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A new proof-of-concept attack demonstrated how an attacker can predict the number of a replacement American Express credit card, and then use the information to disable Chip and PIN protection. How does credit card hacking work? What are the implications for credit card companies and Chip and PIN security?
Security researcher Samy Kamkar discovered several weaknesses in Amex credit card security and decided to create a tool for wirelessly emulating credit card readers as a proof of concept. His tool, called MagSpoof, works by generating an electromagnetic field that emulates a traditional magnetic stripe card. When a card is swiped through a card reader, the reader uses electromagnetic sensors to read the data stored on the magnetic stripe. This allows the reader to decode the data and use it for the payment process. These same steps can be used for credit card hacking on pretty much any card with a magnetic stripe, including access control cards and loyalty cards.
Kamkar found that he could predict the set of numbers on the next credit card issued to a person based on their current credit card number. Amex also allowed the old CVV, or 4-digit security number, to be reused on the next card. The other piece of data necessary for a payment card transaction is expiration date, and the dates are relatively easy to predict at two to four years from when the card was issued. Also, encoded on the magnetic strip is information about whether the card supports chip and if it has a PIN set. These values can be changed without invalidating the magnetic stripe so that the person can avoid the requirement of using their Chip and PIN.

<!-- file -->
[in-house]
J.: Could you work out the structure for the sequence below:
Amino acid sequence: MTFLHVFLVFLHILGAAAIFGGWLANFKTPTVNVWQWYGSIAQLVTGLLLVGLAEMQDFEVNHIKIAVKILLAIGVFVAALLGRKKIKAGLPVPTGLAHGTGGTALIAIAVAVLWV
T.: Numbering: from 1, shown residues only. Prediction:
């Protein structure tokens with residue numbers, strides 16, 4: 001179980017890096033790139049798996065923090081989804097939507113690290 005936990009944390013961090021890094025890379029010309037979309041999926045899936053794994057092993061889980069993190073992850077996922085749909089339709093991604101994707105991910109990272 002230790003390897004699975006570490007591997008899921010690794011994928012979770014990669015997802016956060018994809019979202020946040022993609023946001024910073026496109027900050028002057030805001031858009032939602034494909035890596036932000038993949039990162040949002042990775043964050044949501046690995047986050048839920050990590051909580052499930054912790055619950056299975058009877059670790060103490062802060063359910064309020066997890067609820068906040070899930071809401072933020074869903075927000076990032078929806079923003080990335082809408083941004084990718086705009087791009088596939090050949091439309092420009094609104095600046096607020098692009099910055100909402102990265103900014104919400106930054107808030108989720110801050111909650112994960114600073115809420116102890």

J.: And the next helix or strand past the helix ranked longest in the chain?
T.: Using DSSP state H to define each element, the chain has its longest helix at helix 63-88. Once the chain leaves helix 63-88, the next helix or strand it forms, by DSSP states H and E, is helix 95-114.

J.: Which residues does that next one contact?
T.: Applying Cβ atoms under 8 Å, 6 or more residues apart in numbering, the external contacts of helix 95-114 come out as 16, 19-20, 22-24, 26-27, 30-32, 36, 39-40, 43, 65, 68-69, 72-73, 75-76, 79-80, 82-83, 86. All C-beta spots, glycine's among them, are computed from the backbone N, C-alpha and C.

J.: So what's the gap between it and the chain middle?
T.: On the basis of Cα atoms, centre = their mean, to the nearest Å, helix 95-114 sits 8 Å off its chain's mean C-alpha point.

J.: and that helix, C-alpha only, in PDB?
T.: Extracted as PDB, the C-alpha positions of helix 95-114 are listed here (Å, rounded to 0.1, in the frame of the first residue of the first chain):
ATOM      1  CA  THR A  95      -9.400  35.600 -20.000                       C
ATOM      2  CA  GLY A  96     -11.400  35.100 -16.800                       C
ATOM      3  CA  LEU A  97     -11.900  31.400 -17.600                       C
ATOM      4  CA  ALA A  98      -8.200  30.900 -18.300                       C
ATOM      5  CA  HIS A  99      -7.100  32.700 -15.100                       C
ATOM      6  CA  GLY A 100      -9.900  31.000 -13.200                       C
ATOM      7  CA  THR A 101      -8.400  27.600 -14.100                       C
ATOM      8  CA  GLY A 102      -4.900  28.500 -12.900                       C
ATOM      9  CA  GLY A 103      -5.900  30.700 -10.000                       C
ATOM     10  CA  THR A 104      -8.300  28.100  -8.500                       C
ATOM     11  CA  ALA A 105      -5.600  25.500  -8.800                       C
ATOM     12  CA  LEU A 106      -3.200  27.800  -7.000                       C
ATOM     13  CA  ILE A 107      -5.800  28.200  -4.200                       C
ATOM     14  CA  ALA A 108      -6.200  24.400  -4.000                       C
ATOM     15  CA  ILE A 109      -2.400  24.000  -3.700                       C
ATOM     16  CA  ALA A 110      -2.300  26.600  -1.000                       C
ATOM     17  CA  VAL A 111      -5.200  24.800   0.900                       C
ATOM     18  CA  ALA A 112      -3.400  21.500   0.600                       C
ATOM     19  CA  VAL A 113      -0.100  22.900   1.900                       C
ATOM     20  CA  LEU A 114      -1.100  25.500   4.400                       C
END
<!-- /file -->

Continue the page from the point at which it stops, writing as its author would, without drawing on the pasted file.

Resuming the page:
Credit card numbers on their own are relatively weak forms of authentication and their security has historically relied the need for the physical card to be swiped through a payment terminal, something that's no longer true in today's credit card hacking. Amex card numbers are 15 characters in length and must start with a three and the second character must be a four or seven. All payment card numbers need to pass the LUHN check to be valid and the first six digits are determined by the issuer. So, the range of possible numbers for an Amex number, or any credit card number, is relatively small even when including the security code and expiration date.
To prevent proof-of-concept attacks and this type of hacking, credit card companies should randomly assign new credit card numbers based on available numbers and not allow old security codes to be reused. The legacy support for magnetic stripes will continue to allow fraud through bypassing Chip and PIN security, and credit card companies will need to continue to monitor payment card transactions.
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